The authors typically value a going concern entity based on an income or market approach and not on book values.1 The income approach looks into the future at the cash flows expected to be generated by the company and calculates the present value of these future cash flows. The market approach compares the value of comparable companies or comparable M&A transactions to the subject company.
Naturally, the valuation of relatively healthy companies involves many unknowns and uncertainties, including:
However, the valuation of distressed companies includes numerous additional elements of uncertainty as well. Examples include:
The uncertainty resulting from the distress impacts all three commonly used valuation methodologies. Several factors relating to the valuation of distressed companies as going concerns are discussed in the remainder of this article.
This approach (also referred to as CompCo) determines a company’s value based on selected multiples of comparable publicly traded companies. The authors identify companies that are in a similar business to the subject company’s and compute multiples such as price-earnings or enterprise value-to-EBITDA for these companies. These multiples are then multiplied by the subject company’s earnings or EBITDA to arrive at a value.
Multiples may be calculated on historical or projected results. Multiples based on projected results are referred to as forward multiples. For a distressed company, historical results are less relevant than projected results, especially when the valuation assumes that the company will be reorganized. However, when using forward multiples of comparable companies, the investor must rely on uncertain projections. Also, analyst consensus estimates may not be available for the comparable companies if they are not widely covered or if the analysts have stopped providing estimates because the comparable companies are also distressed.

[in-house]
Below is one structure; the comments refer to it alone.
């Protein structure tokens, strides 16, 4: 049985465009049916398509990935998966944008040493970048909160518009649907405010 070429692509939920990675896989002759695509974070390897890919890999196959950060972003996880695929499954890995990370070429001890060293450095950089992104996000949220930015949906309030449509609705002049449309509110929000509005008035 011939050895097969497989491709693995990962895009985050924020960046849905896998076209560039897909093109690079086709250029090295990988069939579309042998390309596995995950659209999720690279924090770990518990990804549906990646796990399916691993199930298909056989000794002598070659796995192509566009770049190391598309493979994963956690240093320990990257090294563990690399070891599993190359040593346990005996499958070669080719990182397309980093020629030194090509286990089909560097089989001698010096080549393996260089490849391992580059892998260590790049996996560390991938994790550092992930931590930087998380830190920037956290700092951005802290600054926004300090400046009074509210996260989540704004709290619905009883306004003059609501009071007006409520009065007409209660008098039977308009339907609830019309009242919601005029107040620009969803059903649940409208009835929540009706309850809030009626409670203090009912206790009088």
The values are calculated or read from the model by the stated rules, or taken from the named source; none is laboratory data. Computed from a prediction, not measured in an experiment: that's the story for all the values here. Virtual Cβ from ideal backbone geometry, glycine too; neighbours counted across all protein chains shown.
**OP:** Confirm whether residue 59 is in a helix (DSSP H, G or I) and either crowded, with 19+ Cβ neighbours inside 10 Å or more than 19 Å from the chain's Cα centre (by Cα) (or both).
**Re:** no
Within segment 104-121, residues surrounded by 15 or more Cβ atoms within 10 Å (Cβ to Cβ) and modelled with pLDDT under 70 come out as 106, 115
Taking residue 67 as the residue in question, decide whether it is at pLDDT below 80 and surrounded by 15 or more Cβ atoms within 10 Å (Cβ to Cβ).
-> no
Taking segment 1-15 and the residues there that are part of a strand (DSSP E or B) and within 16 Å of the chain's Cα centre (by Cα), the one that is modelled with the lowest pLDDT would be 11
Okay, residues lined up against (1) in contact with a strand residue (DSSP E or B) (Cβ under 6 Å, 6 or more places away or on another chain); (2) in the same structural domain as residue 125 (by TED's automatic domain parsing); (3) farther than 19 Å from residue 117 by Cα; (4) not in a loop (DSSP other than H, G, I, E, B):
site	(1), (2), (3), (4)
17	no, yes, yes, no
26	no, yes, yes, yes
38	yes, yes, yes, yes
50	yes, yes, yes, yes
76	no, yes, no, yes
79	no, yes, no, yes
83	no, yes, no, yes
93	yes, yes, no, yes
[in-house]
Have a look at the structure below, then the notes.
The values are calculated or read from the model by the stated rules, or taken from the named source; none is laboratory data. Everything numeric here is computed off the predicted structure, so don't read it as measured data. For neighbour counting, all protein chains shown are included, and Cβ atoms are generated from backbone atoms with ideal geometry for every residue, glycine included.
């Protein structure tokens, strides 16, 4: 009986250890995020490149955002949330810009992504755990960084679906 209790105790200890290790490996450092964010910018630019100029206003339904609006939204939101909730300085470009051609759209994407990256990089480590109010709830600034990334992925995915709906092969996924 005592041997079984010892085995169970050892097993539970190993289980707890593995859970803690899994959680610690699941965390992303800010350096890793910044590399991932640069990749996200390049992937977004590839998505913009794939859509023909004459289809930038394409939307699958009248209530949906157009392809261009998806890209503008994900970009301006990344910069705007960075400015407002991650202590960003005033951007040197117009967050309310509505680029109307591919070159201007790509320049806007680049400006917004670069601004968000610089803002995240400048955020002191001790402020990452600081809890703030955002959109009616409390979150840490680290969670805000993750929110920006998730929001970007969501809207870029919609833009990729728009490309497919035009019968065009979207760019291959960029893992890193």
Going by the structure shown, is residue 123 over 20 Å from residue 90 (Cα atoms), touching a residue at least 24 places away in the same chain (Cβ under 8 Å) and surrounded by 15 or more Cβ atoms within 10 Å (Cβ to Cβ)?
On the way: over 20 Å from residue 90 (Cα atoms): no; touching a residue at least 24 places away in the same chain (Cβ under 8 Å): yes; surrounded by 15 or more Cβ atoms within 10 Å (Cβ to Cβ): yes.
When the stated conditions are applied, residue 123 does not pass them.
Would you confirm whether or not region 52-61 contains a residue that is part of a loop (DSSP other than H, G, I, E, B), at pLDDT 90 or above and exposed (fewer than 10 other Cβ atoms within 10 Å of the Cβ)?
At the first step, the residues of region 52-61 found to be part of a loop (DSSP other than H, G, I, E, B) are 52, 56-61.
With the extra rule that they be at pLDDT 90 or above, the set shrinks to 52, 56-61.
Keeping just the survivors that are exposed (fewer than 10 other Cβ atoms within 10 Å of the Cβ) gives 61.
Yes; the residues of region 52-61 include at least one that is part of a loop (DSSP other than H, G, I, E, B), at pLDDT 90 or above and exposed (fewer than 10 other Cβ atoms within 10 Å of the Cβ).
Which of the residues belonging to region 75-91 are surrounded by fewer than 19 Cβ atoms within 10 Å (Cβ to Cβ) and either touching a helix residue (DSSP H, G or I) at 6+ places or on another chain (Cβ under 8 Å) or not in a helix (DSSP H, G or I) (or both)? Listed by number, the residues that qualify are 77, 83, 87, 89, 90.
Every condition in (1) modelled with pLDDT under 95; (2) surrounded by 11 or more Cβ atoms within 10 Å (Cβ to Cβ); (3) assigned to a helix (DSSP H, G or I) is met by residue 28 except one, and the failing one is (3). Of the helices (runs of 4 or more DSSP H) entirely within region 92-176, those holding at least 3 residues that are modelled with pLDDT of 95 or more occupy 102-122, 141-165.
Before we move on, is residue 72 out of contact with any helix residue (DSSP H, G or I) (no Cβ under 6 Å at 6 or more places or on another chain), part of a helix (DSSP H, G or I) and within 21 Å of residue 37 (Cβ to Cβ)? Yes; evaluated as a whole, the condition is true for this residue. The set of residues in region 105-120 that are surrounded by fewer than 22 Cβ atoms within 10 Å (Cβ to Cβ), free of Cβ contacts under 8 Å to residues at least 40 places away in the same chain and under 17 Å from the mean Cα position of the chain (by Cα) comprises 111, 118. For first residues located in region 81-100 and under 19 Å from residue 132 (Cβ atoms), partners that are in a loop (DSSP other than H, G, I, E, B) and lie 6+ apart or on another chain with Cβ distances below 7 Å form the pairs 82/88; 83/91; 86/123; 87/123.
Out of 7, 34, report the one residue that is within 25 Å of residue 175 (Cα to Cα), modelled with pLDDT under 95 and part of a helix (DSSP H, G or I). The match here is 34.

Often, a company may be distressed when the entire industry is also in distress. For example, during the financial crisis of 2008, many real estate developers were in a similar state of distress. At the time, these developers’ earnings and EBITDA were unusually low or negative. Multiples are calculated with earnings or EBITDA in the denominator. Therefore, if these figures are negative, the calculated multiples are not meaningful. Similarly, if these figures are unusually low, the calculated multiples will be unusually high and also may not be meaningful. In these cases, it may be more meaningful to move up the income statement and calculate multiples based on revenue.2